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Black History Month

Black History Month 2015: A Tribute to Legacies in the Black Community

Every year we celebrate the accomplishments that are so often overlooked by the dominate culture in the short month of February. We call February Black History month because we concentrate on recognizing the contributions of folks from the black diaspora. We post the accolades of those who are doing great things. We celebrate through community and faith based gatherings.

It is inspiring to note the great sung and unsung heroes that have opened doors, developed resources and blazed trails that have changed the lives of so many. Each year we celebrate the lives of those trailblazers that have made their final transition. We are reminded with the great movie, Selma, that there is a great cost to changing the world. Many of us are not able or willing to pay that great a price.

Yet, each of us has the capacity to blaze trails. Each of us has the capacity to build a legacy. It is not only those millionaires, sports stars or inventors. Each of us can touch and transform the life of another by caring, listening and planning.

My commitment is to support folks to build a legacy. I have the opportunity to volunteer with AARP as a facilitator for the Life Reimagined workshop. This is a seminar that supports people in transition to continue to dream, renew their dreams or to simply dream again. We have so many opportunities to build our legacies. There isn’t an end date for building. As a matter of fact, estate planning creates an opportunity to build a legacy even after the final transition. In this workshop we discuss the gifts, passion and values that we have and package those unique attributes to create a Life that is Reimagined for the future. As Langston Hughes stated, Hold Fast to dreams for if dreams die Life is a broken winged bird that cannot fly.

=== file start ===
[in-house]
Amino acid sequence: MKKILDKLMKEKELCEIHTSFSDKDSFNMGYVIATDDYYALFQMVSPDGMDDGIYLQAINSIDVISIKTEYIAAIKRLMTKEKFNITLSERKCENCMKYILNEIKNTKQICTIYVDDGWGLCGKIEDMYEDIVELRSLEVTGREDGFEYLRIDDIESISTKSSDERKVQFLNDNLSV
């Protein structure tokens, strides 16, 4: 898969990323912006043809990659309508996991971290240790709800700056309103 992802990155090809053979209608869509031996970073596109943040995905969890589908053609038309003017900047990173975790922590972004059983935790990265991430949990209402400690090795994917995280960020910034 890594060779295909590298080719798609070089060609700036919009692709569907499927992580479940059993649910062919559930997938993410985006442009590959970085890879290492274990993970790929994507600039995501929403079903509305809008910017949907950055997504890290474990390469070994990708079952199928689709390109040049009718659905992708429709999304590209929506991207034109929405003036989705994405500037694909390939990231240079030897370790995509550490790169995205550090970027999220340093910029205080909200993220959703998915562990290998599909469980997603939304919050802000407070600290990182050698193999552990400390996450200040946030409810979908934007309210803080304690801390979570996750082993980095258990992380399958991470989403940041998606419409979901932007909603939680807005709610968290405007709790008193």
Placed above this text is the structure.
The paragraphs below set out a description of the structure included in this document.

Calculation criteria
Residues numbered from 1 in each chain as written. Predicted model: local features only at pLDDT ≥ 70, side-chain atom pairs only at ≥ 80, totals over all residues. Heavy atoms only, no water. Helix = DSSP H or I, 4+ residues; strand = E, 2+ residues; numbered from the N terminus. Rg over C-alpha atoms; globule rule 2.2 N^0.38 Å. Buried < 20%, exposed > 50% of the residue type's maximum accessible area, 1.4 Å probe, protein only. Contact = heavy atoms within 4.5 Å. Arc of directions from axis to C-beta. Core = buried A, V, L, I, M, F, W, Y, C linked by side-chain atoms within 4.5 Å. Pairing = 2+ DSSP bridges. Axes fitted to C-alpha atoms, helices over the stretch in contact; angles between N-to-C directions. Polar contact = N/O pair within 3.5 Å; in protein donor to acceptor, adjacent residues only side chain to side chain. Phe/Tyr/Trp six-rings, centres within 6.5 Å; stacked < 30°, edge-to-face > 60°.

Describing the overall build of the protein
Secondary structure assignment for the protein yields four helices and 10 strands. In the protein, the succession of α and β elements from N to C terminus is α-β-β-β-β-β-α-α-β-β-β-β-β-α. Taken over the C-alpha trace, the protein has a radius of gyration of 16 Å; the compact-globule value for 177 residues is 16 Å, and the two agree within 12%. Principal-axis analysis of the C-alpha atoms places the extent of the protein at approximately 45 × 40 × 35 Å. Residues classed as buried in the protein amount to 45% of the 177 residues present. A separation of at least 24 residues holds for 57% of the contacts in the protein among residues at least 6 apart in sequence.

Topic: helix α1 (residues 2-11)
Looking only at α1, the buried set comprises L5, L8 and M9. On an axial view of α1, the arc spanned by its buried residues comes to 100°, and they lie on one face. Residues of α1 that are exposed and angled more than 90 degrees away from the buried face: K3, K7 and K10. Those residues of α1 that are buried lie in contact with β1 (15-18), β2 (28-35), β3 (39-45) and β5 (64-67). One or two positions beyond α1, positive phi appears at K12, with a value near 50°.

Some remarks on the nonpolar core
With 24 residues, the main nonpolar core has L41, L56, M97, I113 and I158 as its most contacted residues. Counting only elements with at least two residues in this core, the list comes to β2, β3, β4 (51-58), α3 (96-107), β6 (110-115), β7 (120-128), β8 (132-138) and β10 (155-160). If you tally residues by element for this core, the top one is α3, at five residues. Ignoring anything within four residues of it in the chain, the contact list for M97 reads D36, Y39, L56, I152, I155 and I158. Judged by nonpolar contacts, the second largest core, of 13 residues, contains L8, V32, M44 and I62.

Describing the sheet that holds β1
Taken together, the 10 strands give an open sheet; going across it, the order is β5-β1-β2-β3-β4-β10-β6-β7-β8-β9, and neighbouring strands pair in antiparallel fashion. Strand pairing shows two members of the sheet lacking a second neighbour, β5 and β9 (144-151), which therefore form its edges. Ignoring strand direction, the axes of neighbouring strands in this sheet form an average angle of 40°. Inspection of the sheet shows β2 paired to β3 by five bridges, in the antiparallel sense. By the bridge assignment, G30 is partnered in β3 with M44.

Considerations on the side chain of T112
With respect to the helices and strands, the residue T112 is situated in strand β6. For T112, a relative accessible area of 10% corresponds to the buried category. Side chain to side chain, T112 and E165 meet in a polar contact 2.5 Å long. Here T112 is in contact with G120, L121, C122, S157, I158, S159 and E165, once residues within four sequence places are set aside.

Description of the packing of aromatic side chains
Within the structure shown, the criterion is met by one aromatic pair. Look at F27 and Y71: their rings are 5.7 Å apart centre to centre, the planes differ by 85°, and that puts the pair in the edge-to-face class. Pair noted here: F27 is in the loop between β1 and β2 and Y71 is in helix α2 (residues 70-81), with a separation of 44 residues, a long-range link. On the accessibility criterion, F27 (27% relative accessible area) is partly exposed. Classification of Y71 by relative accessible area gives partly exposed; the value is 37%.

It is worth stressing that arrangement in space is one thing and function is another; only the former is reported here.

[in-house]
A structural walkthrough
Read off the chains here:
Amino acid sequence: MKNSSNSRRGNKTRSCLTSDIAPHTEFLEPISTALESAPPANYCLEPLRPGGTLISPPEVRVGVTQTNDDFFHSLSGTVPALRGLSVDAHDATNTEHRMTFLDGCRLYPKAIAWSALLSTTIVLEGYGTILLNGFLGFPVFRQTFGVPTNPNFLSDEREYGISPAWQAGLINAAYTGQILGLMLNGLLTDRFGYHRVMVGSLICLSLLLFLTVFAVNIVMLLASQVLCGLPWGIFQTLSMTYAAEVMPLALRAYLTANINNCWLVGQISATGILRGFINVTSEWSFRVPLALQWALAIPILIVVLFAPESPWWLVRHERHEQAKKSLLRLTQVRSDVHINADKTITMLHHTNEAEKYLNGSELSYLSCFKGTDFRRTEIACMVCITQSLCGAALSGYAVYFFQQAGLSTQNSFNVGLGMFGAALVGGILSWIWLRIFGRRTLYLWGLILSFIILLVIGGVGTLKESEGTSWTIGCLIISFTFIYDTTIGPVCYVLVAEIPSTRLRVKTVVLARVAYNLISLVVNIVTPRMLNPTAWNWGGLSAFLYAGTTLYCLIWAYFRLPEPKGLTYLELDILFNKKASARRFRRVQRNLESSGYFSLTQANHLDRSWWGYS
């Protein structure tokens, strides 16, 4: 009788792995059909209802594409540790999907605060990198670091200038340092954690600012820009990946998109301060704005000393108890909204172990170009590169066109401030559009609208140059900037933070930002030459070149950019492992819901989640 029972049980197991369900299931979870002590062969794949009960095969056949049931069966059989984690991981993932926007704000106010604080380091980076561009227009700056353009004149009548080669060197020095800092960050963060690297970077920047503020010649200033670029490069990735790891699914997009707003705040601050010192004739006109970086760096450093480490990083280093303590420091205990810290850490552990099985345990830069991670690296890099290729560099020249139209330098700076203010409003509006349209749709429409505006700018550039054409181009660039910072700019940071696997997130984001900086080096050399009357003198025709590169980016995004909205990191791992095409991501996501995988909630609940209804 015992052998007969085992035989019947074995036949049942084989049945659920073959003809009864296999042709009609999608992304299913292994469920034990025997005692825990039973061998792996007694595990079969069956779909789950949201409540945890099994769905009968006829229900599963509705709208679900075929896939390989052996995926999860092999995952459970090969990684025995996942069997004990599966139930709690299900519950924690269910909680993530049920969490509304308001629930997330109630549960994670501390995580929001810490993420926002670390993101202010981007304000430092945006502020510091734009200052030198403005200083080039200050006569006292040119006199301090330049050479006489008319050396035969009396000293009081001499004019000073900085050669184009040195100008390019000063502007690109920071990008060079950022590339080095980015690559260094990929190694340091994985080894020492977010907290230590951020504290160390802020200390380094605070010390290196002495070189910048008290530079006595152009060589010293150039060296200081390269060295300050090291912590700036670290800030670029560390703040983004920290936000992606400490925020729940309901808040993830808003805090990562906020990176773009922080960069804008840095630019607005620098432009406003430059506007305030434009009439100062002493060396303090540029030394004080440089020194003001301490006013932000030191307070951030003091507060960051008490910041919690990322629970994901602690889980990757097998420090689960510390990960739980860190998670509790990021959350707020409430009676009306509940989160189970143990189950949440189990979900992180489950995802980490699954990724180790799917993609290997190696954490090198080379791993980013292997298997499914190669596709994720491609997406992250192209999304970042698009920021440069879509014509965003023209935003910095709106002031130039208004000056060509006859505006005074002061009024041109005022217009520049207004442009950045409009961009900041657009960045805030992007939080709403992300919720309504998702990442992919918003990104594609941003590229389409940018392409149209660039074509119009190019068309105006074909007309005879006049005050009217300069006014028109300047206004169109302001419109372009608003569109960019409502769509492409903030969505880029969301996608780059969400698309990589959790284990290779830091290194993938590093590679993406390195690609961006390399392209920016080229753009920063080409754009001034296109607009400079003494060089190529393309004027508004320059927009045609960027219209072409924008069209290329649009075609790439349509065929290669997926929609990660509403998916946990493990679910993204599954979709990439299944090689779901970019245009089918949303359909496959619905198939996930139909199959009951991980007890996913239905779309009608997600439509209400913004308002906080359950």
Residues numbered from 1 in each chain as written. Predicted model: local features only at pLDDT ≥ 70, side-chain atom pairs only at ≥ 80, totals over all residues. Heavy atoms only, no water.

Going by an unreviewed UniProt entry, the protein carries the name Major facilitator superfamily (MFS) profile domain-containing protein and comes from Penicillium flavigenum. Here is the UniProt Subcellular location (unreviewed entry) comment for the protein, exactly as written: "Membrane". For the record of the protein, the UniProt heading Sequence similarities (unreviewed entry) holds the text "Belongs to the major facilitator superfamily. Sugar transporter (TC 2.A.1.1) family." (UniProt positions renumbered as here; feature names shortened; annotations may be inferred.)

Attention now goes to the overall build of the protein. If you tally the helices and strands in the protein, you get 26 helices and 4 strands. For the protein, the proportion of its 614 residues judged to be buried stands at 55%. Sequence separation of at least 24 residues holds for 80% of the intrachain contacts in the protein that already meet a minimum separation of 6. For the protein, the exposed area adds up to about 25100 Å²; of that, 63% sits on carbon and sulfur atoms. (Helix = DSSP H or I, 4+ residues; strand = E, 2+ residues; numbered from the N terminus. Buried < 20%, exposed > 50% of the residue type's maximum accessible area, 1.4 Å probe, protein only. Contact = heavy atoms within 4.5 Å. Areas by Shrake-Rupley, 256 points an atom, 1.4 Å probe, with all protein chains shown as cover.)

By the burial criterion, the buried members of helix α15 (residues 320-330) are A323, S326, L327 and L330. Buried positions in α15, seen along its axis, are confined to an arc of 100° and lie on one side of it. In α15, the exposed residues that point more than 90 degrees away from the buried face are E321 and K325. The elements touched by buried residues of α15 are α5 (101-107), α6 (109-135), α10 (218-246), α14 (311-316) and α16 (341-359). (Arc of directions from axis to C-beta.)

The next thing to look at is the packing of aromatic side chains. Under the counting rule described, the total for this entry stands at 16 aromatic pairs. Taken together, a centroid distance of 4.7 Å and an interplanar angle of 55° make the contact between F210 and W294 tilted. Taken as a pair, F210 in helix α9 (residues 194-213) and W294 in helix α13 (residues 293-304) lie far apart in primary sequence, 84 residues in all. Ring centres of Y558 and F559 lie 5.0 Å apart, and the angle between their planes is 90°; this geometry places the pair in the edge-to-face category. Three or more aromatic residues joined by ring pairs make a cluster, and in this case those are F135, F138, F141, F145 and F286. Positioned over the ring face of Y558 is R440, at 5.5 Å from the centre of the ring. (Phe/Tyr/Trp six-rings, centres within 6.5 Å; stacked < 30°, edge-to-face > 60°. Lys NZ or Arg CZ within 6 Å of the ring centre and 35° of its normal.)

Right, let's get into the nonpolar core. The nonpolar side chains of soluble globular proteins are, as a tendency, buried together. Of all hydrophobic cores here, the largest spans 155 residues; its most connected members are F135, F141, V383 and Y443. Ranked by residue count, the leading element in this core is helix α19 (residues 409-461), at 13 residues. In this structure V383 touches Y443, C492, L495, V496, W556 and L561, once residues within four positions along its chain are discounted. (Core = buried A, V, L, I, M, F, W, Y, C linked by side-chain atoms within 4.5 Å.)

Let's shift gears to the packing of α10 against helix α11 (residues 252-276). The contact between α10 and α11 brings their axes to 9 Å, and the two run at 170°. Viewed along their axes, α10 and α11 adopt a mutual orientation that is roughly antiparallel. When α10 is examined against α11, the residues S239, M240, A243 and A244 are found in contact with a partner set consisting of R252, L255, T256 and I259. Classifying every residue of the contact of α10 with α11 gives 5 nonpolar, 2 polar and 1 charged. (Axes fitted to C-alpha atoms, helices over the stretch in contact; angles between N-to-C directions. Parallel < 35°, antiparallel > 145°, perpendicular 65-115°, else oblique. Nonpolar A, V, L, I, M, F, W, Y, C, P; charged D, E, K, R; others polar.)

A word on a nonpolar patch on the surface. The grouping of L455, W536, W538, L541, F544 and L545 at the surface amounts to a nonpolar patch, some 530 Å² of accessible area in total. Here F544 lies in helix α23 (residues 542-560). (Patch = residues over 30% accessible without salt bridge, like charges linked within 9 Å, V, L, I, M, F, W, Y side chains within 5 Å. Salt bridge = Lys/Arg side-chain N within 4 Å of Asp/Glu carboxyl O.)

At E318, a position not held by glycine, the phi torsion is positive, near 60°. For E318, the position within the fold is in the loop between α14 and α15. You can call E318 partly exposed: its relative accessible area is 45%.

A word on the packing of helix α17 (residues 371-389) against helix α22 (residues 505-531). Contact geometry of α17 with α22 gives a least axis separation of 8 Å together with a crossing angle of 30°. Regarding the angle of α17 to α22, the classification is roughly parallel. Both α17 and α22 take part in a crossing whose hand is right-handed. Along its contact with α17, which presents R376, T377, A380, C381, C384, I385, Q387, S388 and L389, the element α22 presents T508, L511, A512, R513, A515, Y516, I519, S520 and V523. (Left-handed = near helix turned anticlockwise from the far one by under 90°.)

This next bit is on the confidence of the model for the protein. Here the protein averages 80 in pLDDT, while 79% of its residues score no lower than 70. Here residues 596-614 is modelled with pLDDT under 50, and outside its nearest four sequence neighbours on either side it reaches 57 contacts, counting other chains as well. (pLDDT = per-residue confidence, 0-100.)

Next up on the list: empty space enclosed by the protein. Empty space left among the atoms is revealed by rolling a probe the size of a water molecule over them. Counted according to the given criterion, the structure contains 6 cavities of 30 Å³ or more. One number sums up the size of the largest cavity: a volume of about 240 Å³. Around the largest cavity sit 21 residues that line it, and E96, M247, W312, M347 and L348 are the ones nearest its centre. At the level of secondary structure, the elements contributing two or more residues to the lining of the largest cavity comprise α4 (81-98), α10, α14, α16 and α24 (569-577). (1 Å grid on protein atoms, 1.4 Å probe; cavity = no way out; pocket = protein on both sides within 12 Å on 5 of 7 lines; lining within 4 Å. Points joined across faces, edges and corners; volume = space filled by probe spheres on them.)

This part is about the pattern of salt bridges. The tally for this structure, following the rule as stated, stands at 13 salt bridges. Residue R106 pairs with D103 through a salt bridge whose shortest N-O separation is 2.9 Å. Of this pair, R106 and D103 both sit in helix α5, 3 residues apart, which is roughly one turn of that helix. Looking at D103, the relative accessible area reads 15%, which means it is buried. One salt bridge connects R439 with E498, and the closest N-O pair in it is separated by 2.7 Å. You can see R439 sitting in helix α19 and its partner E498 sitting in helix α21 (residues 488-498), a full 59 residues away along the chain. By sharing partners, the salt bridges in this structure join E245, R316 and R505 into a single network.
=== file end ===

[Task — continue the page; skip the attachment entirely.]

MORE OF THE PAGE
A favorite African American (s)hero of mine is Osceola McCarty. She was a washer woman born in 1908, who dropped out of school at sixth grade to work. She died with no children but through a Trust she created a scholarship fund for the University of Southern Mississippi that would benefit primarily African American students who were facing financial obstacles to attending college. She also donated to her church and her family. Ms. McCarty was thoughtful and strategic. Her giving was not as a result of her great wealth but of her mindfulness that she wanted to be a blessing and made sacrifices to facilitate that outcome.

The key is not to wait to begin building. Your legacy is your lasting message that goes beyond the grave but is always available to build. We each are gifted with skills that have brought us thus far. We are fueled by passions that compel us to act, and we are shaped by values that make us care. I encourage you that as African Americans that dream, build the legacy that you want to foster and shape the world that you want to see.

Washington Informer Article – February 2015

About the Author

Aimee GriffinAttorney Aimee Griffin has committed her life to creating opportunities for equity and enhancement for all people. In that stead, she has fought for economic, social and educational justice for those who have been denied. Aimee works with individuals to create wealth and maintain it through generations through business and estate planning support. Aimee is a business and entrepreneurship development professional. She has worked with individuals to become entrepreneurs. This is completed through strategic business planning and business development coaching.View all posts by Aimee Griffin →

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